But, Davis said she expects QSR spending to be distributed in varied channels going forward. “How [restaurants] spend is very different from how they used to spend,” Davis added. “Covid forced some transformation for our clients both in retail and in the QSR space — lots of apps were created and leveraged — so the way we’re advertising and where we’re driving people is very different from where we were pre-pandemic.”
While clients have recently had to adjust spending habits based on pandemic and supply chain considerations, programmatic media buying has also received increased client investments of late, likely due in part to recession concerns. 43% of agency respondents said clients have mostly increased programmatic media buying in 2022, while direct media buying has either remained the same (38%) or decreased (35%).
Because programmatic media buying typically increases during a recession, a client shift in spending toward programmatic may indicate underlying concerns about the economy. That’s despite overall survey findings that showed a certain cautious optimism toward the future, with two-thirds of agency respondents saying clients either increased their total media budgets (34%) or kept them the same (31%) in 2022.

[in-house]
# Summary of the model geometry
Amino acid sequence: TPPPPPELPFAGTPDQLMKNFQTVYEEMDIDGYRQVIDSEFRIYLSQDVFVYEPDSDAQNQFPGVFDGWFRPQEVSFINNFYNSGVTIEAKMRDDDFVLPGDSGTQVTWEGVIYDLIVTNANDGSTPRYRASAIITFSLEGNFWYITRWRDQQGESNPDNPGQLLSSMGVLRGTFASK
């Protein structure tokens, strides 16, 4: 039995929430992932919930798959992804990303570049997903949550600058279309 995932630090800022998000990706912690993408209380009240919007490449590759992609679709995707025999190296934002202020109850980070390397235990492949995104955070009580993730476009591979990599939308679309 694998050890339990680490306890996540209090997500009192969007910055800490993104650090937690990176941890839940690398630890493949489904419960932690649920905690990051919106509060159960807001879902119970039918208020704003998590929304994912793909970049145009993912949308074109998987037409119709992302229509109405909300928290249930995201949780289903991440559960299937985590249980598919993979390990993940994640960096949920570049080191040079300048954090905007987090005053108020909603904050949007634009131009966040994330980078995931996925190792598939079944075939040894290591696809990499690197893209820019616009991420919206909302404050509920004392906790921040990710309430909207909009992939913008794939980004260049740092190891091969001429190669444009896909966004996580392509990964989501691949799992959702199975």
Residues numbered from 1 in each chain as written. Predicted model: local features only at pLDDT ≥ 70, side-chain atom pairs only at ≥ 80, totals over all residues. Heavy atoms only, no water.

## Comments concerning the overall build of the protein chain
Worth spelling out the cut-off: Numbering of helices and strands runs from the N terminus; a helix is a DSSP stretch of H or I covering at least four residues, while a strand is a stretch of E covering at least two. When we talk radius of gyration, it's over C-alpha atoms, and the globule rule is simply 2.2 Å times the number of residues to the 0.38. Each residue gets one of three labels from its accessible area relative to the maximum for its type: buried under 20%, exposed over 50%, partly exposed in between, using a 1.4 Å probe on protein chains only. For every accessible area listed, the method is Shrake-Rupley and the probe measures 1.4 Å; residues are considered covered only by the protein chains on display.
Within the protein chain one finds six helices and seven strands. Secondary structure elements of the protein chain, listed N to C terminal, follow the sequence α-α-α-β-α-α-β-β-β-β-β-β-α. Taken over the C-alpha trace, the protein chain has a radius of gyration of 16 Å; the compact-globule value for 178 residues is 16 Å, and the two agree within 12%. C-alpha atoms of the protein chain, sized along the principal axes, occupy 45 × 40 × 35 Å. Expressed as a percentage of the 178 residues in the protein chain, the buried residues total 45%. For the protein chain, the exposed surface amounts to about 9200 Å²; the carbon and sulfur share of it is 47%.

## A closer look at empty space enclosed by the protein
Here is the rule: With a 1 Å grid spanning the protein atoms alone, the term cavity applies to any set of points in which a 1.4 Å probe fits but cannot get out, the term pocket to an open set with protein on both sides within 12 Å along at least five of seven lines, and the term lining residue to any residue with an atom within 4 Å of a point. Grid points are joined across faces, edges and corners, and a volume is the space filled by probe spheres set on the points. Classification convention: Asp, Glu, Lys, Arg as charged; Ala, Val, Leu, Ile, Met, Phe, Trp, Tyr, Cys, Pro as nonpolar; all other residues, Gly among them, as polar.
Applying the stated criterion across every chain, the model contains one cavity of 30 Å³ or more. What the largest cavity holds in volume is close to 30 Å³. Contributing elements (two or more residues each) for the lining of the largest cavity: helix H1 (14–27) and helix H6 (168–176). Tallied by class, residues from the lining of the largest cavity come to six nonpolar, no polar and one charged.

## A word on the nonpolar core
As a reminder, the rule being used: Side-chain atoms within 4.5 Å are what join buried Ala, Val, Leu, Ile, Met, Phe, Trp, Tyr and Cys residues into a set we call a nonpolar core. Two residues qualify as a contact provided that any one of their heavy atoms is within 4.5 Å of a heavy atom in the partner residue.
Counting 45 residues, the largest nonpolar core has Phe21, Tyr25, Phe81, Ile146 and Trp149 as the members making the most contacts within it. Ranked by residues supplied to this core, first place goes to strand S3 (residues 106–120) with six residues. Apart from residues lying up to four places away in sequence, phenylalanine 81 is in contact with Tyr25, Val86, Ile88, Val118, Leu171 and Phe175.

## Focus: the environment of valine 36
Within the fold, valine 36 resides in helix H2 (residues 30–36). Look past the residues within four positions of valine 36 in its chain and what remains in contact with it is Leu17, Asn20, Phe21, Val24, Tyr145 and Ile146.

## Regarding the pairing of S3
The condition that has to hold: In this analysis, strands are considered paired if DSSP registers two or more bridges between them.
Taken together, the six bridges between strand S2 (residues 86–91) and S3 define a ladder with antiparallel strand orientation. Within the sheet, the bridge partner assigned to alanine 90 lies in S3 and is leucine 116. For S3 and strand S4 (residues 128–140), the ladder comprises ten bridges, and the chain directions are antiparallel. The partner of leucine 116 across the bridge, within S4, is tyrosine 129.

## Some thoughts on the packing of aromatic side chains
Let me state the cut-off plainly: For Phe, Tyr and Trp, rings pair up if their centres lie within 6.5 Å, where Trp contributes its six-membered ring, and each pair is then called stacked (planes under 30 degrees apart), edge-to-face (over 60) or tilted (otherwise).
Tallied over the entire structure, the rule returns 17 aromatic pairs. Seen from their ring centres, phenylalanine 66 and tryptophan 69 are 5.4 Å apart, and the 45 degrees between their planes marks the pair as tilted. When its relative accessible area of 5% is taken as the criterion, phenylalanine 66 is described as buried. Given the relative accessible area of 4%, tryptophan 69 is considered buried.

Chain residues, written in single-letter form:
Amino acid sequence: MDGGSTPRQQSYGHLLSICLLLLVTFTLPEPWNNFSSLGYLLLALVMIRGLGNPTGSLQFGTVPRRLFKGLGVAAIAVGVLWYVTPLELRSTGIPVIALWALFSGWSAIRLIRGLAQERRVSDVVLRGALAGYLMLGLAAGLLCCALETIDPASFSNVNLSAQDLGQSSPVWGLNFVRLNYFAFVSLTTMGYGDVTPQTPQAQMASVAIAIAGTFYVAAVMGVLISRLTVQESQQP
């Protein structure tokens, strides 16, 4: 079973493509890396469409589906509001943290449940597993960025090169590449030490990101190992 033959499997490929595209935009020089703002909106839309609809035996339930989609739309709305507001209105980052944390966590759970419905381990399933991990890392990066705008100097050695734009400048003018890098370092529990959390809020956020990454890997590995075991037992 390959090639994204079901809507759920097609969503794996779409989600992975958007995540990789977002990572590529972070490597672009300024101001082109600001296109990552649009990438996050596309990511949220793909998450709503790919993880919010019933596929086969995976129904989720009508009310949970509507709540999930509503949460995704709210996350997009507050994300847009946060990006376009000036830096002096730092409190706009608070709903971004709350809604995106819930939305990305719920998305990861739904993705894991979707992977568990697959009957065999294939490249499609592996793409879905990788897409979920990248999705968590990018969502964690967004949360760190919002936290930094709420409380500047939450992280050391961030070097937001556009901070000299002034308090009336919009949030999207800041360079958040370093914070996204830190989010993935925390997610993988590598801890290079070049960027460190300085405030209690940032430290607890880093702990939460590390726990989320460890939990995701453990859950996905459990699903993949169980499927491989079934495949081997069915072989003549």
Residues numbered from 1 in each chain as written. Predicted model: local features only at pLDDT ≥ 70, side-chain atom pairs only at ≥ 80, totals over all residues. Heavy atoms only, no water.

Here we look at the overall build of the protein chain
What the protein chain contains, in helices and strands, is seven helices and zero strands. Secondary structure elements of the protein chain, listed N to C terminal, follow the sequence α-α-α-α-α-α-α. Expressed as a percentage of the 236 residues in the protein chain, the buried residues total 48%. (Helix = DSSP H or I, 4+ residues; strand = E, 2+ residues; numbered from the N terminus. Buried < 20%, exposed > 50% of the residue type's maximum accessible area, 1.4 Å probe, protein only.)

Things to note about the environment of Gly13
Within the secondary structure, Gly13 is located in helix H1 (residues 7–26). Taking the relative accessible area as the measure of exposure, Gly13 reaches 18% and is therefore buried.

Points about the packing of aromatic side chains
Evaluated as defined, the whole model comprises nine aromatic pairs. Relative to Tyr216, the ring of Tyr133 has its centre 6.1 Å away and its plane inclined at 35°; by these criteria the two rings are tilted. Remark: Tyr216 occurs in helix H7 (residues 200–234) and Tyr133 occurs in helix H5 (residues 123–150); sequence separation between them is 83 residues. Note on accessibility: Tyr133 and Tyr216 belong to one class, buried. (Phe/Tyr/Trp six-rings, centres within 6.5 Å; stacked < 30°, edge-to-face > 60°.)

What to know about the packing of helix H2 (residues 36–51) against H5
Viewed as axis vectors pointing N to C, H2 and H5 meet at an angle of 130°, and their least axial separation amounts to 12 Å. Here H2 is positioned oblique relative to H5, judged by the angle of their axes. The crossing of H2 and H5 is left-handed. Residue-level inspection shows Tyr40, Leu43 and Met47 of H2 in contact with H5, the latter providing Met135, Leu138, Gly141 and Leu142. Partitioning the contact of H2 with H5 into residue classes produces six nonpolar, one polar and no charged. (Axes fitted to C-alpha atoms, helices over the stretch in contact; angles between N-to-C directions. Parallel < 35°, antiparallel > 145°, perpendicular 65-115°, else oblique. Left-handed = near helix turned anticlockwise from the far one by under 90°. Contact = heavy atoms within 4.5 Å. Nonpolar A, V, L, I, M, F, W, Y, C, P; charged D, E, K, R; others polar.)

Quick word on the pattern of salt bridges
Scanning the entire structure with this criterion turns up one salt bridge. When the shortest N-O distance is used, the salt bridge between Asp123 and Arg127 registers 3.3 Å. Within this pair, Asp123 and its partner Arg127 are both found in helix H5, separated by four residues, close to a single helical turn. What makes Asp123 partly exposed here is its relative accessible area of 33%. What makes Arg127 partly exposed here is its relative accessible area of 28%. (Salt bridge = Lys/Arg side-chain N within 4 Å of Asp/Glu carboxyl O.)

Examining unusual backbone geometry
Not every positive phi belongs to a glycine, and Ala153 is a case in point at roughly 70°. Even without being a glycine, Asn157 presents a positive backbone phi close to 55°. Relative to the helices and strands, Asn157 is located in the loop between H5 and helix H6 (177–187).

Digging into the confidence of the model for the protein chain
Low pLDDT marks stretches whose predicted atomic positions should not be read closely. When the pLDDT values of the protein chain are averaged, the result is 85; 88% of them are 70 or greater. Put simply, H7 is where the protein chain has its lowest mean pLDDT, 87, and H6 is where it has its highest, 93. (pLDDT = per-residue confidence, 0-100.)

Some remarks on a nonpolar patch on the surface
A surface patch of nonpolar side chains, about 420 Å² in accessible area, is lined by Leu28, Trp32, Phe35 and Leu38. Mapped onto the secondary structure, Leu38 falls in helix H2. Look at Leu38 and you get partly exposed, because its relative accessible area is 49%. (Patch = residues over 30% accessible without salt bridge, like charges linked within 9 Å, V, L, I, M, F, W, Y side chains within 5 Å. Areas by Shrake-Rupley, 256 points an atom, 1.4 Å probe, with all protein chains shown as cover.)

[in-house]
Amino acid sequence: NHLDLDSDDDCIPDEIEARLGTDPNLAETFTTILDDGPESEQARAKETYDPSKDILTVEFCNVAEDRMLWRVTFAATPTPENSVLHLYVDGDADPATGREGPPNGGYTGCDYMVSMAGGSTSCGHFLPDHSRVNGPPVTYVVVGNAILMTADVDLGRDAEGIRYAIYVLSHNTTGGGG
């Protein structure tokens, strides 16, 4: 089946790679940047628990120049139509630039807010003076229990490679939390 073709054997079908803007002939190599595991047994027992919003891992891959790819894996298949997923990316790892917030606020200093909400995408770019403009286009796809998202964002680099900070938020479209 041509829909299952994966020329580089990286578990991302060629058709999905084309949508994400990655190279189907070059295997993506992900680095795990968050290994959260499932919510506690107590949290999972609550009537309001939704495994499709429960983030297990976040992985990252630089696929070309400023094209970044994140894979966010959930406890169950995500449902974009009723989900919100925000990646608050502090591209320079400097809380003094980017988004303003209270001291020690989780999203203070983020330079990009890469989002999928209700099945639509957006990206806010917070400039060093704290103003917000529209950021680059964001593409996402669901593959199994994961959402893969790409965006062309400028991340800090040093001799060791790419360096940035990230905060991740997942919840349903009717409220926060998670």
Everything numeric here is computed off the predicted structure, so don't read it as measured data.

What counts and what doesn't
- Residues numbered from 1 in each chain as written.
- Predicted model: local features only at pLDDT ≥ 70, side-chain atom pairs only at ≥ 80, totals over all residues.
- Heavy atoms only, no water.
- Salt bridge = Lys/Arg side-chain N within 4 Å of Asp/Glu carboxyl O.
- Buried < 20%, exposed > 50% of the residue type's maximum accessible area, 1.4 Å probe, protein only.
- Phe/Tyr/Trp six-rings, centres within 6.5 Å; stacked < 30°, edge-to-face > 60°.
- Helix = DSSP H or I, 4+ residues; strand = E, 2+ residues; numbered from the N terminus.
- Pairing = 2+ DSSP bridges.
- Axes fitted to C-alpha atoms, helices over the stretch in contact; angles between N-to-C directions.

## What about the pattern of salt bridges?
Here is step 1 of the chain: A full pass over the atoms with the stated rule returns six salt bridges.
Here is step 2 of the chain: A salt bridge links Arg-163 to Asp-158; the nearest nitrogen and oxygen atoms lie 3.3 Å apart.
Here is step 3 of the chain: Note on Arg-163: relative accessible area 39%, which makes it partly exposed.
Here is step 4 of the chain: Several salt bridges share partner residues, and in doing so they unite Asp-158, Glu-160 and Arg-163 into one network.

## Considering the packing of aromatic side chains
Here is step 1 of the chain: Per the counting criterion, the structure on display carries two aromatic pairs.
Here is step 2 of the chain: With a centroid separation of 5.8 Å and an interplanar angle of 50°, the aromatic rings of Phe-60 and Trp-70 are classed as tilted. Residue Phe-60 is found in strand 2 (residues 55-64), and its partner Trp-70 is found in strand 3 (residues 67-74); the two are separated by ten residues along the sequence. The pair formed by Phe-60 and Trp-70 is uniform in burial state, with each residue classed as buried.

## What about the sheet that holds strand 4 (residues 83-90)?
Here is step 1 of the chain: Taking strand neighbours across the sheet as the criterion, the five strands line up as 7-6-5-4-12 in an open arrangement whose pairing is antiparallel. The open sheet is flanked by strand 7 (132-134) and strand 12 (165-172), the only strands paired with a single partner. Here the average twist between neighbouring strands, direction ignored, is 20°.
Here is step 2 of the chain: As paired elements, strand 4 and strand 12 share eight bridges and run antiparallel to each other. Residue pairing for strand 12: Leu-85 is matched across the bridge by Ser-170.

When asked specifically how a recession would impact client spending on programmatic media buying, about 35% of respondents said clients would spend somewhat more than usual on programmatic media buying if the U.S. enters a recession, and 23% said they would spend as usual. 33% said they would somewhat cut programmatic media buying altogether.
Another possibility is that the 2022 increase in programmatic media buying may simply underscore the larger shift to digital spending mentioned earlier in this report. In 2022, more than 90% of all digital display ad dollars will transact programmatically, according to Insider Intelligence and eMarketer. And, as Crossmedia’s Merrifield-Wehrle noted during our focus group conversation, whether advertising is done through linear or digital media, programmatic is all-pervasive, as even traditional channels are becoming automated.